WASHINGTON - US Secretary of State Hillary Clinton on Wednesday rebuffed a personal appeal from Muammar Gaddafi to President Barack Obama and demanded the Libyan leader withdraw his forces and go into exile.
Obama received a rambling, three-page letter from Gaddafi asking for a halt to a Western air campaign against his forces, but US officials bluntly dismissed the plea.RELATED:Libyan rebels demand that NATO do more'Jordan sends jets to support Libya no-fly zone'
"Mister Gaddafi knows what he must do," Clinton told a news conference with Italian Foreign Minister Franco Frattini.
"There needs to be a ceasefire, his forces need to withdraw from the cities that they have forcibly taken at great violence and human cost. There needs to be a decision made about his departure from power and ... his departure from Libya," she said.
Gaddafi's appeal came as Libyan rebels regained ground in a new advance
on an oil port but accused NATO of not doing enough to help them end his
"We can confirm that there was a letter, but obviously not the first,"
Obama spokesman Jay Carney told reporters traveling with Obama to
Pennsylvania. "The conditions the president laid out were clear, which
is action, not words."
He declined to provide details on the letter's contents.
Gaddafi, according to a copy obtained by The Associated Press, is said
to have addressed Obama as "our son" and "excellency" and implored him
to stop what Gaddafi called an "unjust war against a small people of a
A US official said Washington had received many letters from Gaddafi
over the years and the latest was not being taken any more seriously
than the earlier ones.
Obama has sought to avert a humanitarian disaster in Libya and keep
turmoil in the North African oil-exporting country from destabilizing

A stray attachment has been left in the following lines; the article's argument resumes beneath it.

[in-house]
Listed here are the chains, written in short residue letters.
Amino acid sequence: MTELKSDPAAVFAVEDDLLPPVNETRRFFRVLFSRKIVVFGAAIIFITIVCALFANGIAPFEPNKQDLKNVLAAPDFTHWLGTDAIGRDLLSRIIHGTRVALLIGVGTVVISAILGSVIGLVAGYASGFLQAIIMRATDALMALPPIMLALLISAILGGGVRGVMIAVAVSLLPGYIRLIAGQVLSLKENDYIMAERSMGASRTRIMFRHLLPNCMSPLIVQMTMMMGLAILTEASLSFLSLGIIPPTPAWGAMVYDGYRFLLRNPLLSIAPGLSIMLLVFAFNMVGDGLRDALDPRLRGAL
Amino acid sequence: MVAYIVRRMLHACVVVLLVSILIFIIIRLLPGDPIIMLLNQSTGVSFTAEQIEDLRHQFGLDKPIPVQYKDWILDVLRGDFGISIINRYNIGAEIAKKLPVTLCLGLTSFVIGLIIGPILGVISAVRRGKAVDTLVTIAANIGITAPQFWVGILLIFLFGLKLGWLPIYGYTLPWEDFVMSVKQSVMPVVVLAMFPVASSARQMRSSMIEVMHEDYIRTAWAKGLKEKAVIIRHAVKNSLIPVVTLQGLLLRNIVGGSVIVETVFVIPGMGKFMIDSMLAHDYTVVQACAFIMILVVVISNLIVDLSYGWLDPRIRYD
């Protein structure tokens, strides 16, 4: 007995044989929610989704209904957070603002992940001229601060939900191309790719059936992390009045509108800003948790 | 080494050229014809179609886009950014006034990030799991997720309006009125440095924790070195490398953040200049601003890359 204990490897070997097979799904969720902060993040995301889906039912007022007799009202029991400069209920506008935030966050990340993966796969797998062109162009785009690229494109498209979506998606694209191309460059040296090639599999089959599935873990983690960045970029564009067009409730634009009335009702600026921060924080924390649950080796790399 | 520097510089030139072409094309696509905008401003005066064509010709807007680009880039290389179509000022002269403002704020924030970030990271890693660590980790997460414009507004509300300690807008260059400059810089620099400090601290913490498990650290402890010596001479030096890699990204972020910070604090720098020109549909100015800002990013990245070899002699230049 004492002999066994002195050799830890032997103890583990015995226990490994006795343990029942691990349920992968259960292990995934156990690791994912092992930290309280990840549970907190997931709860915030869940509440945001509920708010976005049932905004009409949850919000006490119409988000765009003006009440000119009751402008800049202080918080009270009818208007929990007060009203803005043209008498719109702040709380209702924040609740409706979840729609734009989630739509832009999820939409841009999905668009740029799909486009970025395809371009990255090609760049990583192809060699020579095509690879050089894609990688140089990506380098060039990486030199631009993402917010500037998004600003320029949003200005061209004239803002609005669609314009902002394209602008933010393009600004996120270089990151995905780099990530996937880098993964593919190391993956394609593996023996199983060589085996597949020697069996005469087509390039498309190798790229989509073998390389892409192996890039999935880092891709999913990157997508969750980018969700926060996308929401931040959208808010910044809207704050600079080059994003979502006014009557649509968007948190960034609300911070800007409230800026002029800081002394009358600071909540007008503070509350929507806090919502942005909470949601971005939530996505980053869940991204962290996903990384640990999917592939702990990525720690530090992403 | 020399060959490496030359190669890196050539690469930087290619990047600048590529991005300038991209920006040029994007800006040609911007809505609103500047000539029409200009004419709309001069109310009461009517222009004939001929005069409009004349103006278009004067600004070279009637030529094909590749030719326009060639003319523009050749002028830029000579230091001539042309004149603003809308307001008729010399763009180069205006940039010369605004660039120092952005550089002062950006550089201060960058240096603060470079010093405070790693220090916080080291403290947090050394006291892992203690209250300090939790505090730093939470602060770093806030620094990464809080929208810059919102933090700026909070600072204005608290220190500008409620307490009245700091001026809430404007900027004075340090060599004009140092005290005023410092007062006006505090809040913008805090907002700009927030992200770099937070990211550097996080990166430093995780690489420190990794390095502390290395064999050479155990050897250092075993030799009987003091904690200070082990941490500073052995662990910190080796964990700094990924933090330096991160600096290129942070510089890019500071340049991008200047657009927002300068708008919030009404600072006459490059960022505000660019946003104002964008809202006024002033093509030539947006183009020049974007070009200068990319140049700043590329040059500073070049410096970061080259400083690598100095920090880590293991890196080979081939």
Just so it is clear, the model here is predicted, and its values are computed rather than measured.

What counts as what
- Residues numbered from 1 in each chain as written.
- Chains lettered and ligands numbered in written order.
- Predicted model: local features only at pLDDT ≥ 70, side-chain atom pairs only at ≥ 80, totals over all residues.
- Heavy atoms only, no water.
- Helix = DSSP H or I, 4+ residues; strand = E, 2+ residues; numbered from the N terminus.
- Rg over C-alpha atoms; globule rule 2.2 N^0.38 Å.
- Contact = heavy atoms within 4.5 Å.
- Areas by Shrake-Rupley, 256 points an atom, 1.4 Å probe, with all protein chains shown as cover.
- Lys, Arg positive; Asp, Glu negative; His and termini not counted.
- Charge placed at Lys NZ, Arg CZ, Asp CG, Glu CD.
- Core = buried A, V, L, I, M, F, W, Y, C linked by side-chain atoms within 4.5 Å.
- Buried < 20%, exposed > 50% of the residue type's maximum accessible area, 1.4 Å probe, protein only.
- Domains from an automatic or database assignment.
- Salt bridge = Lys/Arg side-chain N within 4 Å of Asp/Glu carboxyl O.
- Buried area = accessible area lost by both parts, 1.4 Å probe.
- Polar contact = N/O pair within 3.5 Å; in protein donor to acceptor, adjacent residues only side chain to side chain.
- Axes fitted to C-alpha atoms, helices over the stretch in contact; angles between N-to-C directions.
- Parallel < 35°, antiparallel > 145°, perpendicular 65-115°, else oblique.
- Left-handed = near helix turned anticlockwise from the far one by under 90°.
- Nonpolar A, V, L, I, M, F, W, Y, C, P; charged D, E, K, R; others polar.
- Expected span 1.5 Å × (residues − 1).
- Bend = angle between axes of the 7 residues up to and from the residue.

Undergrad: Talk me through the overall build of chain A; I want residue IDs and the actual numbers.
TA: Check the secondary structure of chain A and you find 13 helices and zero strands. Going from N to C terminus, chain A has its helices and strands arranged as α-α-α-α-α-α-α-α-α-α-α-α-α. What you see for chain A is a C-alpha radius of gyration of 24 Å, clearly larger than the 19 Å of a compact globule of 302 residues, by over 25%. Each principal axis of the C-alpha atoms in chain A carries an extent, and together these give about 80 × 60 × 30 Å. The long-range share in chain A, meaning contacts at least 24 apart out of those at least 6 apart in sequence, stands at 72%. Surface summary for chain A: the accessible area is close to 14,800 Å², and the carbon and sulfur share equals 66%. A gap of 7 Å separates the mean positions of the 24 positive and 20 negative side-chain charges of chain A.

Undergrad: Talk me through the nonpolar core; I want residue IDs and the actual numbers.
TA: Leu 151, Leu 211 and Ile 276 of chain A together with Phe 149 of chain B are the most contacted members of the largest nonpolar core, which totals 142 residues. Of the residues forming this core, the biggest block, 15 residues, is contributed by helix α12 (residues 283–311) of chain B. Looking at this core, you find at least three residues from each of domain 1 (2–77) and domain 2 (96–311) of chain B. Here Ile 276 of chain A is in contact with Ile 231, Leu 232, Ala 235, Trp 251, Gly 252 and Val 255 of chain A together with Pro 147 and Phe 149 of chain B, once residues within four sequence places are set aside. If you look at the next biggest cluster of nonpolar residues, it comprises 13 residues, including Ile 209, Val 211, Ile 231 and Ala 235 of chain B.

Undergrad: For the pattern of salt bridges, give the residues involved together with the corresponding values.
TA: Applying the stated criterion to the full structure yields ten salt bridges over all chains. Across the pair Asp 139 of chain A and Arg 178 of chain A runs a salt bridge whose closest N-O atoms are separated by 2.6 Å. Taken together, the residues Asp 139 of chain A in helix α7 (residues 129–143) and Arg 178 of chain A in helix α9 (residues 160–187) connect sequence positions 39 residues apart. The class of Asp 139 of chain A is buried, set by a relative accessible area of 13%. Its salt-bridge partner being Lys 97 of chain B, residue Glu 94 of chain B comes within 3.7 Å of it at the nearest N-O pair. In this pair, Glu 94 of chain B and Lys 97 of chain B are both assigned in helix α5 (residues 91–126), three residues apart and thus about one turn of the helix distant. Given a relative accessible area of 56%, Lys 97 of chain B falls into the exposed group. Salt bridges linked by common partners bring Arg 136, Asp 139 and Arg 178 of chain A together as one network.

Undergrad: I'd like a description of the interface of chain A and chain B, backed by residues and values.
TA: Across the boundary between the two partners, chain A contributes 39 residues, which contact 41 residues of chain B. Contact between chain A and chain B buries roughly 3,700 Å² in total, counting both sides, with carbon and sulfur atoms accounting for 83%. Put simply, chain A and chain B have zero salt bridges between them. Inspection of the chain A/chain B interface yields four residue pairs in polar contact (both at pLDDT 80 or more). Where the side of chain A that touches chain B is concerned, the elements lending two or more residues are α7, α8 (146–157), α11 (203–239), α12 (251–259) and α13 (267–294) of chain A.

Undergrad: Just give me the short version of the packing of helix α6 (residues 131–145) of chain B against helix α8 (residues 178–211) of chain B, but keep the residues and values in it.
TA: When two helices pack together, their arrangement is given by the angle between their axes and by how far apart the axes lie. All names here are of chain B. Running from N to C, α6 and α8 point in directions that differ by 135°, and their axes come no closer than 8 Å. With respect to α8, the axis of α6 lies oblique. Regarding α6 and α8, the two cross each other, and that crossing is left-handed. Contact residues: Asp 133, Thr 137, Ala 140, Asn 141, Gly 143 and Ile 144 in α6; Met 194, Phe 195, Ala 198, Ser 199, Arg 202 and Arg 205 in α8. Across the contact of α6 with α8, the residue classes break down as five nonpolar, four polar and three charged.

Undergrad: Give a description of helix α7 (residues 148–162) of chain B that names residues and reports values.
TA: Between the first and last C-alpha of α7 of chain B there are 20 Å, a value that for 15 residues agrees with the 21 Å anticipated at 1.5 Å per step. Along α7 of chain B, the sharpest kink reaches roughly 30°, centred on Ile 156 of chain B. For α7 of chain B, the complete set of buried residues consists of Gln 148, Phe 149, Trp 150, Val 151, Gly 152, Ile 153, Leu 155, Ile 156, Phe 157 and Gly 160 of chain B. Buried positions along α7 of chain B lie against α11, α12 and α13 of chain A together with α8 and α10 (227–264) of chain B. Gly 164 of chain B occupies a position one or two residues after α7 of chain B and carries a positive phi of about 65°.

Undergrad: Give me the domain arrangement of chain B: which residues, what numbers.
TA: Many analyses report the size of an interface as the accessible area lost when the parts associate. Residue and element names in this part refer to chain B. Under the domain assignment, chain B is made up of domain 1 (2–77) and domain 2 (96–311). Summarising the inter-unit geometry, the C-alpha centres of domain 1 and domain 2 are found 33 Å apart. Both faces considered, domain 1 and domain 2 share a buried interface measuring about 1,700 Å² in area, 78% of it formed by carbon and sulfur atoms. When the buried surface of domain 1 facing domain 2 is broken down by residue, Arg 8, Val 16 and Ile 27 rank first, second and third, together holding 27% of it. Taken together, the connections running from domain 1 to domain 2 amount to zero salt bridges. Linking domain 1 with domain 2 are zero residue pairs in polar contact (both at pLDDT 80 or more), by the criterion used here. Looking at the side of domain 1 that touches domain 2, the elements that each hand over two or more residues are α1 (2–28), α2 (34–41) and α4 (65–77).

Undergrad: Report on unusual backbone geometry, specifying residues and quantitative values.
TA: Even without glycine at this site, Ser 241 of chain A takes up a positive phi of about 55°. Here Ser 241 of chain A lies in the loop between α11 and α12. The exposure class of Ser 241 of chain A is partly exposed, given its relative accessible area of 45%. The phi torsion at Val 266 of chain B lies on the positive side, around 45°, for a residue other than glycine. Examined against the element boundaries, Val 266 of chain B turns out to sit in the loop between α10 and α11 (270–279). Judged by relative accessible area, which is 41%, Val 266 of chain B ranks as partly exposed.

the broader region while also trying to limit US involvement. He is
mindful of an American public already weary of wars in Iraq and
Obama has called for Gaddafi to leave but has insisted the United States will not use military force to oust him.
"I don't think there is any mystery about what is expected from Mister
Gaddafi at this time," Clinton said. "The sooner that occurs, and the
bloodshed ends, the better it will be for everyone."
CLINTON DEFENDS NATO
Clinton defended the performance of NATO forces conducting air strikes
to enforce a no-fly zone and protect civilians from attack by Gaddafi's
forces in fighting between the longtime North African leader and
The United States took the lead in air strikes when military action was
first authorized by the United Nations on March 17 against Gaddafi
loyalists attacking civilians. NATO assumed full command of military
operations from the United States, Britain and France last Thursday.
NATO's air assault has targeted Gaddafi's military infrastructure but
only to protect civilians, not to provide close air support for rebels,
to their dismay, as part of the military measures authorized by the U.N.
Western air power has fashioned a rough military balance in Libya,
preventing Gaddafi troops from overrunning the ragtag rebel force
dominating the east -- but not forceful enough for the insurgents to
advance hundreds of miles (km) along the Mediterranean coast to the
capital, Tripoli, in the west.
Curt Weldon, a former Republican representative from Pennsylvania with a
history of pursuing independent foreign policy initiatives to the
consternation of the US government, was in Tripoli to try to persuade
Gaddafi to step down.
State Department spokesman Mark Toner said Weldon was on a personal trip and not acting on behalf of the US government.
In an opinion piece published in The New York Times
Weldon said had made the visit at the invitation of Gaddafi's chief of
staff and hoped to convince Gaddafi to step down, after which a
UN-monitored ceasefire should be implemented.
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